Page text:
APPLICANTS looking to secure a job with the Welsh Government will soon have to have a basic level of Welsh language skills, it has been announced.

As part of their efforts to increase the number of Welsh speakers over the coming years, all applicants for government jobs will have to demonstrate a “courtesy” level of the language skill – either at the time of interview, or within six months of employment.

The requirement calls for people to be able to answer the phone bilingually, and speak and understand basic words and phrases.

It comes as the government hopes to grow the number of Welsh speakers to one million.

This was announced as part of the Cymraeg 2050 plan, as, earlier this week (Monday, July 13), plans for the next five years were unveiled.

While many support the effort to protect the national language, the announcement did not receive universal praise.

There was some political divide, with Conservative supporters arguing the best person should be hired for jobs.

Earlier this week, the Argus asked our readers what they thought of the announcement, and you can check out a selection of these comments below.

Argus readers react to Welsh language requirement for government jobs

The following comments were submitted to the South Wales Argus Facebook page here.

Leigh Richards said: “If I wanted a job with the say the French govt think some basic French language skills would come in useful. In fact if you want to work for any govt in the world a basic grasp of that country's native language would be necessary - why should Wales be any different?”

Andrea Kinnear: “Utterly ridiculous. Wales doesn't have the skill set needed to cover all Welsh Assembly jobs. It's just another misguided way of resurrecting a language. People should be able to choose what language they speak. There will be lots of dumbed down jobs given to people without the correct skill set just because they speak Welsh.”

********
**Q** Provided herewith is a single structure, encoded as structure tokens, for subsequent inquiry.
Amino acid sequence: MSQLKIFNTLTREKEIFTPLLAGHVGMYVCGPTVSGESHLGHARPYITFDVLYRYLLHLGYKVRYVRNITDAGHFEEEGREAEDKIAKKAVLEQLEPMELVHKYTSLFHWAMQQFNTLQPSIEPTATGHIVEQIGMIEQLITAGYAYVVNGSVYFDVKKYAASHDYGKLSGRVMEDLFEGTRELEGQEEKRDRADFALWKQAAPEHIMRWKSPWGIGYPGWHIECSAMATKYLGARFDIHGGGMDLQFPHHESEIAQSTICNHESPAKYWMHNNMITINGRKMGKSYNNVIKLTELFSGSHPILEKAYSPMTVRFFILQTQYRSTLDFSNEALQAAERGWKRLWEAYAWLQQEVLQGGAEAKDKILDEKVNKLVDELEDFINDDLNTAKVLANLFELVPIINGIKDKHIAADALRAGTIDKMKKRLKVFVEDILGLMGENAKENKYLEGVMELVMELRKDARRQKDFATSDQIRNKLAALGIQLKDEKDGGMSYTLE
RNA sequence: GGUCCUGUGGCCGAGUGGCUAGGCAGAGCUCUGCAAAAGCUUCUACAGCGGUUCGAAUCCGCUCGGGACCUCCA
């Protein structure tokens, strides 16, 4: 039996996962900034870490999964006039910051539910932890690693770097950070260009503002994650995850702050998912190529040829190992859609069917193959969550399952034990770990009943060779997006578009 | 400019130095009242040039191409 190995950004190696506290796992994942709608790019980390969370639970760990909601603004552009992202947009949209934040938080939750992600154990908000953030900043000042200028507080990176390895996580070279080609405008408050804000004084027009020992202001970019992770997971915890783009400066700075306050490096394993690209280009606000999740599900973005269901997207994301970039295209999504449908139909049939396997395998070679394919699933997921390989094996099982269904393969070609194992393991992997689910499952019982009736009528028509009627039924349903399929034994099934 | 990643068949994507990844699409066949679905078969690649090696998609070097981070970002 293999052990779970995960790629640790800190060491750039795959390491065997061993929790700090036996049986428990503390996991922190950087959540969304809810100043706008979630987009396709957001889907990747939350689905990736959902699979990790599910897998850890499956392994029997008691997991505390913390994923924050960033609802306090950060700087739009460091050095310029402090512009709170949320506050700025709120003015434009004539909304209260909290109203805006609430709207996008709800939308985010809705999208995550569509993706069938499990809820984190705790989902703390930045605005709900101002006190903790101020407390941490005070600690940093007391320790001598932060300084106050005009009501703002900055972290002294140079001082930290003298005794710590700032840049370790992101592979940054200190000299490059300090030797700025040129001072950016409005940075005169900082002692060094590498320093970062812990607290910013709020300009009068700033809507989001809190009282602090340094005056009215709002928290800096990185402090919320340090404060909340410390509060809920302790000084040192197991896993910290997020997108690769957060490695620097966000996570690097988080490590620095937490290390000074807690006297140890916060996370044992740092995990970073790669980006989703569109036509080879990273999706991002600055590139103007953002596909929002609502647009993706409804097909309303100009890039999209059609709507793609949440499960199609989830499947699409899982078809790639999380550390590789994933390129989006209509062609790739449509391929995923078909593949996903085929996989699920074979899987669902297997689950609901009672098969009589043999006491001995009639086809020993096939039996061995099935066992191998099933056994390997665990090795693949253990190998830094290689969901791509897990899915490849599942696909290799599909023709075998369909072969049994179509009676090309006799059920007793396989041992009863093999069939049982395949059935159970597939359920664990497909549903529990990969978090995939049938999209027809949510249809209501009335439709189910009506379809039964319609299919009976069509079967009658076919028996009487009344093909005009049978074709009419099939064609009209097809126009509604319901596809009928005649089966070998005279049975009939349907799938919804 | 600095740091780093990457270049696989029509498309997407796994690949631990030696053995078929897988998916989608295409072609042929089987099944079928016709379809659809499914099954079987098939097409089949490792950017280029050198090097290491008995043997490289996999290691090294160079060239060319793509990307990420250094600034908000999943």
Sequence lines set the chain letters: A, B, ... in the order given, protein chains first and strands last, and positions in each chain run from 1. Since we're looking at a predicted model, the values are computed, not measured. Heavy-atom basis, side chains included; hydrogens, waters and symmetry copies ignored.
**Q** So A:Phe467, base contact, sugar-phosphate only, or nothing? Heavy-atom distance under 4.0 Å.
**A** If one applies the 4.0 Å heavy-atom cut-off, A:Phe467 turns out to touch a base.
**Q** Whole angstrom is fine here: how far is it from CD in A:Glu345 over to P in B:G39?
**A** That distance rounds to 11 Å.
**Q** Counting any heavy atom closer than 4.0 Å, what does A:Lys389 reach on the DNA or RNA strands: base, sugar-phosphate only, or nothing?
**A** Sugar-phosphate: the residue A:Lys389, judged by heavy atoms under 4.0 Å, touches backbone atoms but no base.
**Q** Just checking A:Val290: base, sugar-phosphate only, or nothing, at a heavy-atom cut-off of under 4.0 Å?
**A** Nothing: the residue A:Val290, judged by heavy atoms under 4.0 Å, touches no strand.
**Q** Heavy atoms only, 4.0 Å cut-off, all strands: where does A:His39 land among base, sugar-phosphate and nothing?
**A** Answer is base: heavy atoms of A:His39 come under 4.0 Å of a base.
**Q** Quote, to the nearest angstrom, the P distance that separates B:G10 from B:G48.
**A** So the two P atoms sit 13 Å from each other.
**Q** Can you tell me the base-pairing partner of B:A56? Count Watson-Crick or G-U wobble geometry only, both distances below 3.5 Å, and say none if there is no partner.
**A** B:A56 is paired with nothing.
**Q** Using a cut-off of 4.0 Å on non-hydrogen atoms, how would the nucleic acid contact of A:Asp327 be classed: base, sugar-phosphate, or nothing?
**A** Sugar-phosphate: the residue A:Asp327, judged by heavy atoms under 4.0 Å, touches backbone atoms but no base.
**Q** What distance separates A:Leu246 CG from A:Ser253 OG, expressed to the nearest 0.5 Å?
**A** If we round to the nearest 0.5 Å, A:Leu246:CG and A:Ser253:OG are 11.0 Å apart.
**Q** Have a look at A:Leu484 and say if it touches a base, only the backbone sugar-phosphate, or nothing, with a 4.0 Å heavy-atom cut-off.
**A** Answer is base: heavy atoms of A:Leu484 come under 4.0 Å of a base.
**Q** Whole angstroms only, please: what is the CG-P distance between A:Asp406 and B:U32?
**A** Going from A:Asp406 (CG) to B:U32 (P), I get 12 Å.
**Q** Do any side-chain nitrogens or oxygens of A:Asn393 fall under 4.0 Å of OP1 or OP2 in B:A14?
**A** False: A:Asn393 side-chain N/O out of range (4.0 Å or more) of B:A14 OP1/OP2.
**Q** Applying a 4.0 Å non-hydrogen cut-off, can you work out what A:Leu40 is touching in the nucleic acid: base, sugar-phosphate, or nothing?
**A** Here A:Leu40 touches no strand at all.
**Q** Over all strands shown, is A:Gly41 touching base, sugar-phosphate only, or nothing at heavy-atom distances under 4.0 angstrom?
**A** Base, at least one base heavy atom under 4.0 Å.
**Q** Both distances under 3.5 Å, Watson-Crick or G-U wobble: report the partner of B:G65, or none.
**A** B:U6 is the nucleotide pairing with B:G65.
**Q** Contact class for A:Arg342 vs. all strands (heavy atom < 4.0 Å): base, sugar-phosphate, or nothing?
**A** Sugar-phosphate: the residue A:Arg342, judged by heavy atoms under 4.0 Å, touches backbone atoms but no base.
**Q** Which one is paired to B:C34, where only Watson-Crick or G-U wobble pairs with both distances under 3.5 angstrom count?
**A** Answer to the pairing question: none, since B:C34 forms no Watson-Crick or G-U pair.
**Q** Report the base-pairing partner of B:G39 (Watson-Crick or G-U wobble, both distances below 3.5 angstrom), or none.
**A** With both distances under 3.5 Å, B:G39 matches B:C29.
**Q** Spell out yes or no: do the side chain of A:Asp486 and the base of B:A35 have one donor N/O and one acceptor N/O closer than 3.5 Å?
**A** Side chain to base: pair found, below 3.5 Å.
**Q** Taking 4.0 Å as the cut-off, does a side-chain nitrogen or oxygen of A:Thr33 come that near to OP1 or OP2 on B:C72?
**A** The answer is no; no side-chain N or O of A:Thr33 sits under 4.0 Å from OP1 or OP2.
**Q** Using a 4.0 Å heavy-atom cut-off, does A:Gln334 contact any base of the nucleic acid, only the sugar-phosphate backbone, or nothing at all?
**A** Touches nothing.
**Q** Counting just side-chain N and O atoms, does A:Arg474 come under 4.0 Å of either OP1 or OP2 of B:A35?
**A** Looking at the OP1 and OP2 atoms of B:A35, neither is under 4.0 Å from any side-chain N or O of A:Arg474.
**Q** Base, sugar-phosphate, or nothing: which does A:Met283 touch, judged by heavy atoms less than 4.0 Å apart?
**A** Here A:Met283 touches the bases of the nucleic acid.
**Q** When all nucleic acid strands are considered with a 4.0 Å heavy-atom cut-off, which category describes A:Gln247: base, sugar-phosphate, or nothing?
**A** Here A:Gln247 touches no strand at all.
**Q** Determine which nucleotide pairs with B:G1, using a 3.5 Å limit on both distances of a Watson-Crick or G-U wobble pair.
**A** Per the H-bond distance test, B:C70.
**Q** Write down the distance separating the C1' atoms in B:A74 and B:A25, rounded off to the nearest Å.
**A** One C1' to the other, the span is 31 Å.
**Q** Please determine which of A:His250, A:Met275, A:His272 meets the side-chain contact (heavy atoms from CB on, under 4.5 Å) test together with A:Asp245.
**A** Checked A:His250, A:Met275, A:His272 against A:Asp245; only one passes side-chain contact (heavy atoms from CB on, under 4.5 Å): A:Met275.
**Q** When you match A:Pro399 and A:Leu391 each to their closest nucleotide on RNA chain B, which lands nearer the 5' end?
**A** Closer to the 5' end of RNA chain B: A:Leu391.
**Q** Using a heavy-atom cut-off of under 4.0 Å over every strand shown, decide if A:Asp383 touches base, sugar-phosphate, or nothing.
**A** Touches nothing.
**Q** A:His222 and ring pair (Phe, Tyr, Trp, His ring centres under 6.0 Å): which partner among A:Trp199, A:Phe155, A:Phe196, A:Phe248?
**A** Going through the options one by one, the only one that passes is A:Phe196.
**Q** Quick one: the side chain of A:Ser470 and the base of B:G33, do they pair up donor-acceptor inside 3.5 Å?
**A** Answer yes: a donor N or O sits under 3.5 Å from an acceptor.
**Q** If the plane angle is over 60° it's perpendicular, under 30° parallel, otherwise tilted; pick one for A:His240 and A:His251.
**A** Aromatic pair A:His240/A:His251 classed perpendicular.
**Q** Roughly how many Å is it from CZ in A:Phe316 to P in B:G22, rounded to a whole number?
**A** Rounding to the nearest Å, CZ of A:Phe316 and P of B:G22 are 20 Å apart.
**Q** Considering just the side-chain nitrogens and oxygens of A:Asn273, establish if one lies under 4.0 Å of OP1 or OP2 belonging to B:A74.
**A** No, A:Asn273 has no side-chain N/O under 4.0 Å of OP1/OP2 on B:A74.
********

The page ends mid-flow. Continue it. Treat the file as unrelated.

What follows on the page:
SallyBella Clifford said: “Good grief, people. I can't speak Welsh in any meaningful way but I can do all that's required here and more after 2 weeks on Duolingo. If these very basic requirements are a barrier to you then I doubt you're much loss, to be honest.”

Mark Harris said: “The pool of talent able to work for the Welsh Government has just diminished hugely.”

Fixer Williams said: “An excellent move, well done Welsh government.”

Liam J. Dowler said: “If I’m honest Welsh language should be encouraged in all workplaces in Wales. I can’t be the only one who feels bad for not being able to speak the language. Gov has done good work in education, kids are very good at it. It should absolutely be encouraged in the workplace, but not enforced by any means.”

Carrie Hodson said: “Imagine working for the government in literally any other country and getting mad because they request you be able to greet people in the native language.”

Roy Purnell said: “The Welsh mafia strike again. The best person for the job.”

Wayne Lewis said: “Happened where I work a few years ago, hasn’t been a problem people just got on with it.”

Jeff Shute said: “This happened when S4C was born. Candidates were not employed by merit, but language skills? Sorry no.”

Jake Enea said: “No the Welsh government are just limiting opportunities and sending jobs over the border.”

Mansel Davies said: “We're not talking about people applying for a job at the supermarket or Marks and Spencers here. We're talking about people who want to work for the Welsh Government. Surely they would expect a certain knowledge of our language to come with the territory, and I would have thought applicants would welcome this decision.”

Read more stories from the South Wales Argus